Monday, July 31, 2017

The Transfiguration: Sunday August 6

The First Reading:  Exodus 34:29-35
This section of the Book of Exodus (chs. 32-34) is the account of the renewal of the covenant after the rebellion of the people and the smashing of the first tablets (chs. 19-24).  Our reading this morning is the account of Moses returning from the mountain the second time with the two tablets containing the Ten Commandments. Moses’ face shines because he has been in the presence of God.  The people were afraid and so Moses used a veil.  This apparently continued as Moses went in and out of the Tabernacle to speak with God.

29 Moses came down from Mount Sinai. As he came down from the mountain with the two tablets of the covenant in his hand, Moses did not know that the skin of his face shone because he had been talking with God. 30 When Aaron and all the Israelites saw Moses, the skin of his face was shining, and they were afraid to come near him. 31 But Moses called to them; and Aaron and all the leaders of the congregation returned to him, and Moses spoke with them. 32 Afterward all the Israelites came near, and he gave them in commandment all that the Lord had spoken with him on Mount Sinai. 33 When Moses had finished speaking with them, he put a veil on his face; 34 but whenever Moses went in before the Lord to speak with him, he would take the veil off, until he came out; and when he came out, and told the Israelites what he had been commanded, 35 the Israelites would see the face of Moses, that the skin of his face was shining; and Moses would put the veil on his face again, until he went in to speak with him.

Psalm 99:5-9
Psalm 99 is a psalm proclaiming God as King and is a part of the “enthronement psalms” (Psalms 93, 95-99).  Part of their purpose is to proclaim that despite the failure of the Davidic covenant, including the loss of land, temple and monarchy, God still reigns.  So the references here are back to “origins,” to Moses and Aaron and (most significantly) Samuel, who opposed the establishment of the monarchy on the grounds that only God could be Israel’s king.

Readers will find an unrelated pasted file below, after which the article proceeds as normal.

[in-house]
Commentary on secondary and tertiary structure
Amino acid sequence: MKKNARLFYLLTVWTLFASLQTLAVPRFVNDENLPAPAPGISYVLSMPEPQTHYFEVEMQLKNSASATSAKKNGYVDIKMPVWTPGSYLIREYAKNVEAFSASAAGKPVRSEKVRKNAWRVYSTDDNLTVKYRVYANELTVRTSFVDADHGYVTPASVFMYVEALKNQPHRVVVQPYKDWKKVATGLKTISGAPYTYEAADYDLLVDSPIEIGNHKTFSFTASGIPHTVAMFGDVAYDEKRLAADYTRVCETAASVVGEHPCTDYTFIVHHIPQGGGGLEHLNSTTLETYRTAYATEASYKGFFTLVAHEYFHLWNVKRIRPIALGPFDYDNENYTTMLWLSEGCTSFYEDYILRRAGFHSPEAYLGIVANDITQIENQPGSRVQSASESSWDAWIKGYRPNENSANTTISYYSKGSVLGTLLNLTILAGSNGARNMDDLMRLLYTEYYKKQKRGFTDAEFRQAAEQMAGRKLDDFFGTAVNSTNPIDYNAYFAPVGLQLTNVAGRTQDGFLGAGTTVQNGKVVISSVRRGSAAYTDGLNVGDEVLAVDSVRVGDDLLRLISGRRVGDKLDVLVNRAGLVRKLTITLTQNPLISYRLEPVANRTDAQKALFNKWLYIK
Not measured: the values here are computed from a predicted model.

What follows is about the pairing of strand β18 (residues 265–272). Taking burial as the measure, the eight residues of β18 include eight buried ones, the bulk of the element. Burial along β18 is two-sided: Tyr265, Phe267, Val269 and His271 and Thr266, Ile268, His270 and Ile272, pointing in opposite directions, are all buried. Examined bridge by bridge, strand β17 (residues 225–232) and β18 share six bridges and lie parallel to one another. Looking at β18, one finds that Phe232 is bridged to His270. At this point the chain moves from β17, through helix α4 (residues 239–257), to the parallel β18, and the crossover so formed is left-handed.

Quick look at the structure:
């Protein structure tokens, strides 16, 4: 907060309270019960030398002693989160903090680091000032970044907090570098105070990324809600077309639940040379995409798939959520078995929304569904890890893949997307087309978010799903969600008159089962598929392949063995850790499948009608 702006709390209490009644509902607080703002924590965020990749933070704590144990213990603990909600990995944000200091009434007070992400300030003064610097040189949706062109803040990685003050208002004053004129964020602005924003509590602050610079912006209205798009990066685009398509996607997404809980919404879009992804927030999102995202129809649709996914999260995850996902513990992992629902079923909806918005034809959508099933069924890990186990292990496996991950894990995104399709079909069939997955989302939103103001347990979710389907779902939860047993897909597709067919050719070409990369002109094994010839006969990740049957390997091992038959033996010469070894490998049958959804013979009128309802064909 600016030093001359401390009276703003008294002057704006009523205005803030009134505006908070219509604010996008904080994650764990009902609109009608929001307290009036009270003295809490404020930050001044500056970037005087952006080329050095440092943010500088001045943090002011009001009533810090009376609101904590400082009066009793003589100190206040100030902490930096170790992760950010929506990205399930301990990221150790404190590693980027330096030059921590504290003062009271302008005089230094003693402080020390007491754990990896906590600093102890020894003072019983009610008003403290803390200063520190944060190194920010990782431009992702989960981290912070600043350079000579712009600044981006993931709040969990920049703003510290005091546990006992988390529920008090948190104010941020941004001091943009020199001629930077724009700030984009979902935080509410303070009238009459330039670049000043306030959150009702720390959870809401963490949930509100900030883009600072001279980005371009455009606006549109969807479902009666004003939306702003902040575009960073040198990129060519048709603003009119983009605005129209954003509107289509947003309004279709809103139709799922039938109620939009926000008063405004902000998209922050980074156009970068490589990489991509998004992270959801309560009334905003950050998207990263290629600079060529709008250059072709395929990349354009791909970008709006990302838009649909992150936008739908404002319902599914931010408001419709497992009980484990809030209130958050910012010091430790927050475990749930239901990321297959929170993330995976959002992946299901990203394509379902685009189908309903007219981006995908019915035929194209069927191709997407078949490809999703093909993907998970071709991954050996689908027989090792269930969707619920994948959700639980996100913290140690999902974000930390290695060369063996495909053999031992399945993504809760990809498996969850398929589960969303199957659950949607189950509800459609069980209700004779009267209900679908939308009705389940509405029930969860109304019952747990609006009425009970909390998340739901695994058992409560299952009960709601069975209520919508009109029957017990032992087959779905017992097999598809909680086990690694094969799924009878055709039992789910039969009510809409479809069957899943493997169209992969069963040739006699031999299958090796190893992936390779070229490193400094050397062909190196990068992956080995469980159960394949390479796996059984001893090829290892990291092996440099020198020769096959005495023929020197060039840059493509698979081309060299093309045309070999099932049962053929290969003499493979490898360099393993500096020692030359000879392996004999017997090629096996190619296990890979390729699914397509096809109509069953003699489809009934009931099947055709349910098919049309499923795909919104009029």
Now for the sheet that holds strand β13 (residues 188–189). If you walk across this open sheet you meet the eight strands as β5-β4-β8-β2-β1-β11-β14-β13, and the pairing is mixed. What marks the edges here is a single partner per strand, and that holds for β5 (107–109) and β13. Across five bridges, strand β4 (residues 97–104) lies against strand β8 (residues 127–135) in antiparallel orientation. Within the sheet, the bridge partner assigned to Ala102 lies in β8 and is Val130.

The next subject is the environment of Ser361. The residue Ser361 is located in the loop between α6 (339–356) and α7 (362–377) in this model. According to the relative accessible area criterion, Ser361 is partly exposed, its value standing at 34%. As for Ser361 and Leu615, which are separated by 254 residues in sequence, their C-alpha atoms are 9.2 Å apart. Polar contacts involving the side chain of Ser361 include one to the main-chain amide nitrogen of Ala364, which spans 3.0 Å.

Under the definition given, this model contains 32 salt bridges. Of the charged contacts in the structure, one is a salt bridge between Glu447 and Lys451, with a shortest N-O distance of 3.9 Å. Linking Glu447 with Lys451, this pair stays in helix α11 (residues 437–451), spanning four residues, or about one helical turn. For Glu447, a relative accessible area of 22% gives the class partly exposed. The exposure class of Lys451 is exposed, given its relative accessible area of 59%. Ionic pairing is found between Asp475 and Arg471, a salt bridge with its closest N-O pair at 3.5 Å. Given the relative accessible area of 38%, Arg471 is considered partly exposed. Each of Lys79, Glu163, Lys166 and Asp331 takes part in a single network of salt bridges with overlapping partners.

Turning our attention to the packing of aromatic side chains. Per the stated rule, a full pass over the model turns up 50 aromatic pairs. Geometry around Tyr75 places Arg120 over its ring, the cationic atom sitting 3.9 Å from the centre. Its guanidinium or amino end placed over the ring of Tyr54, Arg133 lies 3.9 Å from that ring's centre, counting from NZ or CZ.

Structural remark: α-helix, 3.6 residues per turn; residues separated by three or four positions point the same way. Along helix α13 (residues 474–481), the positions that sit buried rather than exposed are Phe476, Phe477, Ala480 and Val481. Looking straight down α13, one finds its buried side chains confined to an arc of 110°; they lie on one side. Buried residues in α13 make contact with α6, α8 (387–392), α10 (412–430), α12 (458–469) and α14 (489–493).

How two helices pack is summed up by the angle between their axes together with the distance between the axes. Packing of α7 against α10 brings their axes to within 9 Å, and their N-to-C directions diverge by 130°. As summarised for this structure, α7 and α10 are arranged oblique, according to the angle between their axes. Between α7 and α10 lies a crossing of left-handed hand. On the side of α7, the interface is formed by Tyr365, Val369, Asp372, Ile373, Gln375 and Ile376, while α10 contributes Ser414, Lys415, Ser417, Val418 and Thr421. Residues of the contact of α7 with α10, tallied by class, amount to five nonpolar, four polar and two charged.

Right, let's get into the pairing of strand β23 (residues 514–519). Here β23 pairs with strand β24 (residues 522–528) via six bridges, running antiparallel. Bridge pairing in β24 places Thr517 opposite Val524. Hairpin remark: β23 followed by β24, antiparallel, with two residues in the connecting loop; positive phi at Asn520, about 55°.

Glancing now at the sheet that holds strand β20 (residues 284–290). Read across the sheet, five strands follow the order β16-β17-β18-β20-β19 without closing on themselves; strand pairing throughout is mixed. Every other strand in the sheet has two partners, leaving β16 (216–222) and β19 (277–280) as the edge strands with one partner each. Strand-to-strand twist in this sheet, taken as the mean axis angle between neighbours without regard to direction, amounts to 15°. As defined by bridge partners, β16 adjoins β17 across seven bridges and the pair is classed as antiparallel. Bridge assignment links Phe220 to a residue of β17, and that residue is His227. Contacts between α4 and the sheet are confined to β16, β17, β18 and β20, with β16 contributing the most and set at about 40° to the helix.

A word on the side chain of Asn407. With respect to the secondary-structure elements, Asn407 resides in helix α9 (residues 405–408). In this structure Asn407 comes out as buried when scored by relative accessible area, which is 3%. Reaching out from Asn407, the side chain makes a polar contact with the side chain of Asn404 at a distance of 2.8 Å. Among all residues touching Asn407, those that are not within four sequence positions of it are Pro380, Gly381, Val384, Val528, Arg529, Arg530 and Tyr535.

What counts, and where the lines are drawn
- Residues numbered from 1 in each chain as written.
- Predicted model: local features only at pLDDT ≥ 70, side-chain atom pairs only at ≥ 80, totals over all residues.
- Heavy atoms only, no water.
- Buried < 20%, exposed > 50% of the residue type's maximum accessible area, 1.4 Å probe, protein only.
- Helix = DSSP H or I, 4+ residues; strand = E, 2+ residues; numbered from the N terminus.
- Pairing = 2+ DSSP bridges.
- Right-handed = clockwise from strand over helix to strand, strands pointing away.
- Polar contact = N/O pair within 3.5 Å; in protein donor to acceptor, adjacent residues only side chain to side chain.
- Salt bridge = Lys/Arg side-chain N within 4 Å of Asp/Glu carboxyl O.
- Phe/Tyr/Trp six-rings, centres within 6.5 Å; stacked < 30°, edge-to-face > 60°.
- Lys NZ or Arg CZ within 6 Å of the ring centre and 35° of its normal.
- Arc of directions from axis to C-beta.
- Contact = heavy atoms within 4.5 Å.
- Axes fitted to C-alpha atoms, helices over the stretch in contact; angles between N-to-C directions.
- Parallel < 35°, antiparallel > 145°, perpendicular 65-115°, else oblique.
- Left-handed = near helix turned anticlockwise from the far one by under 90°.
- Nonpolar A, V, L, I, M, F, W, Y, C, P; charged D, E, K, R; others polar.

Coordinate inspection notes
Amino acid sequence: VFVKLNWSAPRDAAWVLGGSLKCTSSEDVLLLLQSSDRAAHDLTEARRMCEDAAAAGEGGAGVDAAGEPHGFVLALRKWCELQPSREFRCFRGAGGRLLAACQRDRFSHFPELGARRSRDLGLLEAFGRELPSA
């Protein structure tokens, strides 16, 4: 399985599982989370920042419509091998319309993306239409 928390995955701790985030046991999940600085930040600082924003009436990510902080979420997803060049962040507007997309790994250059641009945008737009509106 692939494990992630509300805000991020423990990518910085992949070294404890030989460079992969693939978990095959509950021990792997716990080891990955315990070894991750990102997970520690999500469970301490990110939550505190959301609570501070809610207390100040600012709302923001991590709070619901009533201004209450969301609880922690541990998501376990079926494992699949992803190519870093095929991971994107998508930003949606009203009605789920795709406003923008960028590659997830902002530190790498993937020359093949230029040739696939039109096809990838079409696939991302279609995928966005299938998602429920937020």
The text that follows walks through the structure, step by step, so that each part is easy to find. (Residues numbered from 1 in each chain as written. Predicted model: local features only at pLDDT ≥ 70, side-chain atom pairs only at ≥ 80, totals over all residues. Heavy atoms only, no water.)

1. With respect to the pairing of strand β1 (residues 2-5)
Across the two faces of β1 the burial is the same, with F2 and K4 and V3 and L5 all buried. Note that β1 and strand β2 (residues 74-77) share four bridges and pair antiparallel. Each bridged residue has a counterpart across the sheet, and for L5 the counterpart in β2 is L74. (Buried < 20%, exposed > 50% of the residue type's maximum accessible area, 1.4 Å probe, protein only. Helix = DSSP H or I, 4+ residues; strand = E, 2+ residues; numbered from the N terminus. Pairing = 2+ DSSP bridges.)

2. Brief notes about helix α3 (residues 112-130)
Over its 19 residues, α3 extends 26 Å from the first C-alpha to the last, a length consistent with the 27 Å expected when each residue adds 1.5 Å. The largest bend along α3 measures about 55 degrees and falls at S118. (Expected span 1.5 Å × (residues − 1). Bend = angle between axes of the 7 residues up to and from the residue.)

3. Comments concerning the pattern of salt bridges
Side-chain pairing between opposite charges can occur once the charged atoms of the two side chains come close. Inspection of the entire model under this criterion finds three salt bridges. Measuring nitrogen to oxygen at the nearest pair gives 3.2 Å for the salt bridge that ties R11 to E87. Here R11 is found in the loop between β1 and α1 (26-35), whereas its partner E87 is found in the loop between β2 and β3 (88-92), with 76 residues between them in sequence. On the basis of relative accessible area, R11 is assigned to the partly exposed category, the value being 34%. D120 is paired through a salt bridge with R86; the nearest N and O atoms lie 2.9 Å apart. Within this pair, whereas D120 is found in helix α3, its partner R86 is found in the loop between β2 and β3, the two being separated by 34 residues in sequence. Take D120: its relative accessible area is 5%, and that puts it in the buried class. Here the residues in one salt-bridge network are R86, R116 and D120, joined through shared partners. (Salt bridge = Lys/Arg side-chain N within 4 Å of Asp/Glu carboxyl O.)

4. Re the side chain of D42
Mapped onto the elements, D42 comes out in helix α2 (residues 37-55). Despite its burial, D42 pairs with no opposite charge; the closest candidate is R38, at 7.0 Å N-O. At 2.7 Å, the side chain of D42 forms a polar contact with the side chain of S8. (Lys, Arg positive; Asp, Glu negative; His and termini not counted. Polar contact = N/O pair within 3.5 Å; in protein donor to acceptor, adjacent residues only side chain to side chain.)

5     Proclaim the greatness of the Lord our God
       and fall down before his footstool; *
              he is the Holy One.
6     Moses and Aaron among his priests,
       and Samuel among those who call upon his Name, *
              they called upon the Lord, and he answered them.
7     He spoke to them out of a pillar of cloud; *
              they kept his testimonies and the decree that he gave them.
8     O Lord our God, you answered them indeed; *
              you were a God who forgave them,
              yet punished them for their evil deeds.
9     Proclaim the greatness of the Lord our God
       and worship him upon hos holy hill; *
              for the Lord our God is the Holy One.

The Second Reading:  2 Peter 1:13-21
Our second reading references the story of the Transfiguration, the only place outside the Gospels which does so. The writer uses his witness of that incident to prove his trustworthiness in regards to the second coming of Christ. The prophetic witness is reliable. Scripture (the writer would have been referring to the Hebrew Scriptures) is not a matter of individual initiative or interpretation. Both rely on the Holy Spirit, working through the community of those who follow Jesus, understood in these early days of the church as the primary subject of the Hebrew Scriptures.